plantations, came into Westport on trading vessels. Without this product of slavery mills such as this one would not have prospered.
The description of Tile #19 (Curran) 1832 founding of Saugatuck Congregational Church refers to the1818 Connecticut Constitution—but does not make it clear that this document was created in part to disenfranchise non-white voters specifically and legally by including a race requirement. This was a specific response to the enfranchisement of formerly enslaved men emancipated during Connecticut’s Gradual Abolition (1784-1848).
Tiles #18 & #20 ( about the Kemper Tannery and Saugatuck Manufacturing Company do not indicate that immigrants and child laborers were employed at this site while “1840’s, 1850’s & 1860’sEmerging diversity of religious worship” only refers to Christian religious institutions. The write up about Louise Lortel omits what is perhaps considered her greatest legacy—the opportunity she gave to the Black performers in the era of segregation. The description refers to the towns “diverse cultural heritage” although there is virtually no representation of non-Europeans on the picture tiles of the River of Names Wall.
Descriptions of the building of the Westport Bank by Horace Staples and later refurbishment of the property at large (National Hall) on tile #24 (Curran) fails to indicate that the National Hall portion of the building referred to the 2nd floor where a theater was located. Minstrel shows, caricaturizing African Americans, were a popular attraction at this theater. The wall features other details of historical inaccuracy such as the tile depicting Washington’s visit to Marvin Tavern in 1789 on tile #11 (Curran). As a point of fact, Washington only rode white horses, however he would have been travelling by carriage during this presidential tour. Further, in 1789 he was President and made a point of wearing civilian clothing—not his Continental Army uniform as portrayed on the tile.
The tile #35 (Curran) referring to the first automobiles in the town misses the opportunity to talk about the Toquet Motor Company here in Westport which produce a motor car earlier than Ford.
The information about Westport Museum (Westport Historical Society) on tiles #68 (Curran) is inaccurate. The original building on this site was a 2nd period colonial style, like the building currently across the street. The ocular windows in the current structure are not unique as stated—two other Italianate houses on Main Street feature them. The tile referring to the Bradley Wheeler barn refers to the statues on our property as sculptures—they are, in fact, miniature golf statues, made for use on a private miniature golf course. They are not sculptures.
In conclusion, the River of Names represent a singular view of history, that is an exemplar of the time in which it was produced: A time in which a Eurocentric lens of the past, devoid of the complexity of the eras it purports to depict was acceptable. The omission of provable facts that could offer context to the actual history was the norm for the time the River was installed but it is inappropriate given the call upon public historians to present a holistic and accurate view of history.
We have no doubt that those who worked on this project when it was installed did the best they could, given the level of their research skills and the information that was available to them. Further, the way the tiles are presented was, no doubt, acceptable at the time they were made.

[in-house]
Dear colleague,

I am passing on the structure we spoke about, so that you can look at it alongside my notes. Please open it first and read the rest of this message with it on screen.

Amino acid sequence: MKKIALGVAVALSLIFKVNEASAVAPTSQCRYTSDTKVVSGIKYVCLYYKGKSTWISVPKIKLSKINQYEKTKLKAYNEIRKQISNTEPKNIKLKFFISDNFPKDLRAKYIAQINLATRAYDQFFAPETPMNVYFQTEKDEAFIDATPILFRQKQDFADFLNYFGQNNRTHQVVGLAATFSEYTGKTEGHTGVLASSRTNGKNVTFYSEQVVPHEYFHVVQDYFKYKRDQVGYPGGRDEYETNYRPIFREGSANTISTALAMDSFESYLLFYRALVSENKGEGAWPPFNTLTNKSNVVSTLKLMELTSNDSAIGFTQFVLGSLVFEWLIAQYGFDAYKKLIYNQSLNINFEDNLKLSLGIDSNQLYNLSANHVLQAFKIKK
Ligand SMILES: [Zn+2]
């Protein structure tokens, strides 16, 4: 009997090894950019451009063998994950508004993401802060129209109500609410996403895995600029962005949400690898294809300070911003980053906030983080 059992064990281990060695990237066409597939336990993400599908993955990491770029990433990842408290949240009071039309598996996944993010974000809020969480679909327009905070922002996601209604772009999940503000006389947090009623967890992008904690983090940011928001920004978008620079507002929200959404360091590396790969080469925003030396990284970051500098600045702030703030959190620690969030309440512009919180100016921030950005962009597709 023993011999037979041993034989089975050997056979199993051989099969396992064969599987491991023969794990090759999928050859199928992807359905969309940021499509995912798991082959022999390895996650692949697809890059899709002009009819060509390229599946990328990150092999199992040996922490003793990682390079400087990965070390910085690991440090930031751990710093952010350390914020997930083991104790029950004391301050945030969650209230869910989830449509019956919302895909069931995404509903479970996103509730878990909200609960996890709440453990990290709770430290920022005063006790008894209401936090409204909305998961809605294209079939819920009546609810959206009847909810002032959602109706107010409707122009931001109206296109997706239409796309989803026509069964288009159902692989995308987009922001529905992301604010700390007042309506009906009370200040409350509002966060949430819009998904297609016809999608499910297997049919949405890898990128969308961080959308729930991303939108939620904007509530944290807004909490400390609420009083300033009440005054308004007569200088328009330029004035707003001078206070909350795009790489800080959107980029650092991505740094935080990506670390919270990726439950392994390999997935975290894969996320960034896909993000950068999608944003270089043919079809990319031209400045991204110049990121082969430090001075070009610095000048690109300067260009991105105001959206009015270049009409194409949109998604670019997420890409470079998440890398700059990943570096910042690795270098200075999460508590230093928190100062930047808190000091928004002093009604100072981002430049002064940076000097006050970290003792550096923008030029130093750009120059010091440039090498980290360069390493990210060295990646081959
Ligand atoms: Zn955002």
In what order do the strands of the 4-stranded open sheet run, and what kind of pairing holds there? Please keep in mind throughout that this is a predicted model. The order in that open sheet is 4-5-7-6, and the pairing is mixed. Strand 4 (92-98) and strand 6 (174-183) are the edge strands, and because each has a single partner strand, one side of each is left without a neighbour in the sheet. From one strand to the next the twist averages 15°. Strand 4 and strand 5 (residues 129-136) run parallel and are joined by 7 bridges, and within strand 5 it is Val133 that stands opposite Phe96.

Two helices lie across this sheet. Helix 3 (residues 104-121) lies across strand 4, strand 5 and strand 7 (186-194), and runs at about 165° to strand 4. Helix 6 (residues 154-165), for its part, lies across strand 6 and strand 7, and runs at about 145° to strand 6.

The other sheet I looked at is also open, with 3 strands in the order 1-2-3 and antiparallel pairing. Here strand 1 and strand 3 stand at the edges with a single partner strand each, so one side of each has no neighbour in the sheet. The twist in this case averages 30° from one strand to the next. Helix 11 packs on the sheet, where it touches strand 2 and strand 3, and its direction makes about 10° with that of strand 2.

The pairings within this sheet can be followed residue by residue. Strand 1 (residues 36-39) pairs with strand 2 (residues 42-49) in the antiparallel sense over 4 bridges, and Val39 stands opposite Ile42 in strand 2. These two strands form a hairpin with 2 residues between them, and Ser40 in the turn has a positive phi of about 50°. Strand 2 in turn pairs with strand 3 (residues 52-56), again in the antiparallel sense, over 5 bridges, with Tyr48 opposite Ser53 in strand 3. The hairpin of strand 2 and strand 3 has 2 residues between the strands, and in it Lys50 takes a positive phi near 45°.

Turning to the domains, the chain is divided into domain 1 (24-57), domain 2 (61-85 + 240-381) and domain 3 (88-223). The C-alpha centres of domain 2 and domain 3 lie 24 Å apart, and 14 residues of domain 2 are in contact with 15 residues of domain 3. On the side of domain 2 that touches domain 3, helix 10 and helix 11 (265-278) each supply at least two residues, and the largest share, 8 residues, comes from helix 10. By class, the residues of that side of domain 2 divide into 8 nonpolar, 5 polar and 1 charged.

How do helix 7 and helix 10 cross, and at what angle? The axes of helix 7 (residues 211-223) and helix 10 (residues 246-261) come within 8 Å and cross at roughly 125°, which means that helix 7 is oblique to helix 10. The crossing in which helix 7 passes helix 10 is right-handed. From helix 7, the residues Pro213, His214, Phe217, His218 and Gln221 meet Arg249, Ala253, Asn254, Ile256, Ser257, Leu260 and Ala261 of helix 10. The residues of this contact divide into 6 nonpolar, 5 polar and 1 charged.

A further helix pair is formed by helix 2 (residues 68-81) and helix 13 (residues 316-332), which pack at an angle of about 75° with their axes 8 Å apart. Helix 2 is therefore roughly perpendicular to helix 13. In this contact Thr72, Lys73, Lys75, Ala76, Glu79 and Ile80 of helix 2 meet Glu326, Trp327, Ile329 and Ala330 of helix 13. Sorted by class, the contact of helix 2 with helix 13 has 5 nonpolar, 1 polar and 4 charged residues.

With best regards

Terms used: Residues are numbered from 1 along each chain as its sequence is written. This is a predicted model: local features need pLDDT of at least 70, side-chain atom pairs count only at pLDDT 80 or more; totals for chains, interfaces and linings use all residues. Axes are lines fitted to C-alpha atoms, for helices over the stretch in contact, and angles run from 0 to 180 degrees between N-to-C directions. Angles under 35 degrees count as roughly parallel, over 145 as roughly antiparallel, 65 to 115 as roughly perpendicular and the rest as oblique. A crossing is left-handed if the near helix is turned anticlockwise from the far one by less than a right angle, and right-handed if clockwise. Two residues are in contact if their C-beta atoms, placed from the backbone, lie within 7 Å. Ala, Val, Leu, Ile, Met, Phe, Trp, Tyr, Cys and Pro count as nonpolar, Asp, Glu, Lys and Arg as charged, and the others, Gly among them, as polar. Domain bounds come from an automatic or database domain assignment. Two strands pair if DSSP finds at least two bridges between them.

Certainly no one is at fault for being a product of their own era and viewing the world through that lens. However, as is often the case as time marches on, new information and new viewpoints come to light. When historical data makes it clear that a misrepresentation of fact has occurred it is the obligation of any institution engaging in public history to correct those errors.
Most of all, and perhaps most importantly, the singular view of history represented on these tiles present a one-note image of the town that has never been true. The wall effectively erases indigenous people, African Americans, Jews, and others who were part of the story—from the beginning—even when that story was not pretty. It is hurtful and diminishing to our diverse citizenry—both within Westport and visitors from outside of the town—to see a proudly whitewashed display of this kind without explanation.
Within our field of public history there is constant discussion about how to deal with monuments, statues, history books, panels and other items that have since proven to be false in their information or offensive in their presentation. It is our opinion that should the River of Names be re-installed, the tiles that represent history should be replaced entirely with ones that demonstrate history accurately. Should the panels not be replaced, extensive wall labels and text panels should accompany it to point out and counteract the errors and misconceptions it represents. The wall could be an object lesson about how the viewpoints of the era in which it was created was an informing factor in this Eurocentric view. Correction of the history on the digital site should follow the same format.
Last, we suggest that you might want to contact Dr. Matthew Warshauer in the History Department of Central Connecticut State University. He has done extensive work around revealing hidden and erased histories, particularly as it relates to non-European populations in Connecticut. I believe he may be best placed to give advice on this matter. Should you choose to contact Dr. Warshauer please feel free to share this assessment with him.
Ramin Ganeshram Cheryl Bliss
Executive Director Chairperso